Then there is the other circle, which might also work great


Again, these are just all unnecessary additions, because I love what you have done, but you did ask how you could take this to the next level.

Btw…The other option, would be to use Lego Heads as the pin to hold the spanner

Oh…and I agree with Julien…great workbench



This project was inspired by Russian Matryoshka Dolls, also called stacking dolls or nesting dolls:

Smallest box with a U.S. Dime for perspective


The smallest box is just big enough to hold one original LEGO brick, and each box maintains the proportions of a standard LEGO brick.

They are machined out of solid pieces of walnut and finished in Watco Danish Oil and a coat of Johnson’s Paste Wax. The interiors are flocked to give them a “jewelry box” look.

First step was to design the lid and basic dimensions. (Note that Box 4 never got built. I didn’t have enough wood, nor did I have an endmill that would reach deep enough to pocket this box):

Second step was a “build sheet”:

Box 1 Bottom

Box 1 Lid (bottom side)

Remove lid and pocket a dogbone into the wasteboard

Flip the lid over

Machine the studs

Box 3 Bottom (I love walnut swarf!)

Box 3 Lid (bottom side)

Pocket a dogbone into the wasteboard

Flip the lid over and machine the studs

Box 1.c2d (85.3 KB) Box 2.c2d (98.2 KB) Box 3 Base.c2d (75.4 KB) Box 3 Lid.c2d (75.7 KB)


Beautiful boxes. I assume some Lego enthusiasts might use them to store their favorite… Lego bricks.

Legoception…what a fantastic idea !


Nice job of flocking also…what did you use?


I used Suede-Tex fibers and color-matched adhesive. The company goes by two names -
Donjer and Flockit. Super easy - just brush on a generous coat of adhesive, blow on a heavy layer of flock, and don’t touch it for 12+ hours. Here’s a couple of stock photos:



I use Flockit…that’s what I figured!

Anyone rushing to submit a project? 24h left!



@Julien, you triggered me with this post. I hope you are happy :stuck_out_tongue:
Glue is currently drying. The evening will tell if I can submit something…


Okay, I can’t completely finish this one before the deadline, but here is my very space efficient …

Lego Spice-Brick

We recently got these flasks to store spices and tea, which finally lead to this idea.

I designed a simple box, with an elevated bottom, so that the top of the flasks (including the cork) would end just under the top of the box and glued everything together. I finished the round inside corners of the side walls and extensions of the bottom with a chisel to get 90° corners.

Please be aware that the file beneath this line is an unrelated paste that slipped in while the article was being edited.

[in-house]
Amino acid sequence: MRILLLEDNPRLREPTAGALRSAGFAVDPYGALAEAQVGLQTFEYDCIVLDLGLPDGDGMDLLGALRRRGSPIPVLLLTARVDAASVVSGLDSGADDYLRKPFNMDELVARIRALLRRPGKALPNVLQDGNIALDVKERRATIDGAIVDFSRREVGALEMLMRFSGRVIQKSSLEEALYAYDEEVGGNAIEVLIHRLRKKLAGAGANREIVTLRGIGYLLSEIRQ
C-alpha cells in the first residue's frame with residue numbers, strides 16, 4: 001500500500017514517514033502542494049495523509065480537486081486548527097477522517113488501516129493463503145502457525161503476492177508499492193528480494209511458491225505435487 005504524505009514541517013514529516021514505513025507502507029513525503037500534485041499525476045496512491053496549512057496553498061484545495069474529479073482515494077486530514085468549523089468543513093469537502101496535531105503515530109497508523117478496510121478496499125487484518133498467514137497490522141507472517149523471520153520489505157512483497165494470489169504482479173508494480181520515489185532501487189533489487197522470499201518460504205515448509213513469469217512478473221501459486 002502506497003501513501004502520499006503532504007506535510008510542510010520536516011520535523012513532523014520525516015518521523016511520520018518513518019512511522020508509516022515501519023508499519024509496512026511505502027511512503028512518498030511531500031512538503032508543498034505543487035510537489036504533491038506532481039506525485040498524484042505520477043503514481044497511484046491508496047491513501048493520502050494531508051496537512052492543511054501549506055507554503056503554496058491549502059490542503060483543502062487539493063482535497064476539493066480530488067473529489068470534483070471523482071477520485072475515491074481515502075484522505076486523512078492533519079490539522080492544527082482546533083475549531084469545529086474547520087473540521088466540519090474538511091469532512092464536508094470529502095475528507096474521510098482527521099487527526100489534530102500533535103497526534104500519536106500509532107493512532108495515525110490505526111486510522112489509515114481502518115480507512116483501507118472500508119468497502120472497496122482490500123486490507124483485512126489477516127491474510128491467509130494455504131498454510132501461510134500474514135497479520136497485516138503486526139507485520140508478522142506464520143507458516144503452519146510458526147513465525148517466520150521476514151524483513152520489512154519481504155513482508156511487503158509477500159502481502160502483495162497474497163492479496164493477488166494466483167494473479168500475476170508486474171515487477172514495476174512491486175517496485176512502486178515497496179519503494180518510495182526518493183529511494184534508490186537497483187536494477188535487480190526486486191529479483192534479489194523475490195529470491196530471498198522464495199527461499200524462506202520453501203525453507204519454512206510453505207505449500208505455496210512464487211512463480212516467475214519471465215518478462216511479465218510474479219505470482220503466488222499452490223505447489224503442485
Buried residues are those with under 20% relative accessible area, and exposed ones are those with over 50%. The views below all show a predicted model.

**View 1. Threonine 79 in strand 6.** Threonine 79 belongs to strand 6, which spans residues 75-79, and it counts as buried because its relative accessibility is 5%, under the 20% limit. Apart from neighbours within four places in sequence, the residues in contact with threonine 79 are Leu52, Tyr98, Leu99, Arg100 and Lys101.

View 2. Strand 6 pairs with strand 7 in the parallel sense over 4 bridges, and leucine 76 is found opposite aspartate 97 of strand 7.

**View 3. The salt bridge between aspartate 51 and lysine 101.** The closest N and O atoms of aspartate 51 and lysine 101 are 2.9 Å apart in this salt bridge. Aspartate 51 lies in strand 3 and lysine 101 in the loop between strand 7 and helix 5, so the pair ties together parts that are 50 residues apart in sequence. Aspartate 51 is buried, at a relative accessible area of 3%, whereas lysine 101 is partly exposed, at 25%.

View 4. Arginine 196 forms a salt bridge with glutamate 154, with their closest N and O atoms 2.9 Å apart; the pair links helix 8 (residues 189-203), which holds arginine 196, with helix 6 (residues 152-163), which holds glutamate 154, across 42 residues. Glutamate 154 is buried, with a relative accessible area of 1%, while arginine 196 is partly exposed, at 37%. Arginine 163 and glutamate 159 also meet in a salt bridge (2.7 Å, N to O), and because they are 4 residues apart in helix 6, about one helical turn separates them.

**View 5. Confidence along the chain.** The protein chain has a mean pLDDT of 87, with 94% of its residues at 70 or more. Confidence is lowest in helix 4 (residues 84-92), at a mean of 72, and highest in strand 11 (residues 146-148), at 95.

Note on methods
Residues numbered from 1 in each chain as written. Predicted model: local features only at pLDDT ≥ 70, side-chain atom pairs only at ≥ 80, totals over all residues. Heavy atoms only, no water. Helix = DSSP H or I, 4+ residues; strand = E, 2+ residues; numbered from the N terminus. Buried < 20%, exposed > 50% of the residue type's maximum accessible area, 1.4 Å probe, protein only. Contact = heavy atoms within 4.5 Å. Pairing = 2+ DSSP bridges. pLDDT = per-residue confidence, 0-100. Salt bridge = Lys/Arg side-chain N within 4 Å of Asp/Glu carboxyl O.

Glued 3 layers of plywood discs to the corks of the flasks, and that’s basically it. Initially, I had two layers, but the brick didn’t look right then.

Will have to do some trimming at the sides because I messed up measuring the thickness of the plywood :shushing_face: and then I’ll oil or spray color it. And @Julien, I’ll be perfectly fine if this isn’t accepted for vote in this unfinished state!

bottom.c2d (10.8 KB) discs.c2d (24.2 KB) sides.c2d (29.3 KB) top.c2d (18.9 KB)

Decided to leave it as it is an just put on some oil.


Very creative! Definitely a valid entry, thank you.
It also doubles has a kitchen mini-game, “Guess which one is the pepper” :slight_smile:


That’s a really clever idea! What are you going to use to glue those corks on? I’d imagine they’re going to take a lot of torque in use and the glue will need to handle sheer-forces. Maybe a stainless bolt / washer / nut hidden in the lego?

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I used regular wood glue for now. After two hours I was able to close the flasks and open them by grabbing the wood part and carefully turning and pulling.

The glue is supposed to be dry and at its full strength after 48h. Will see if it will stand a non-careful opening of the flasks.
Otherwise, your idea is definitely an option!

Or: You draw it, you spice your soup with it!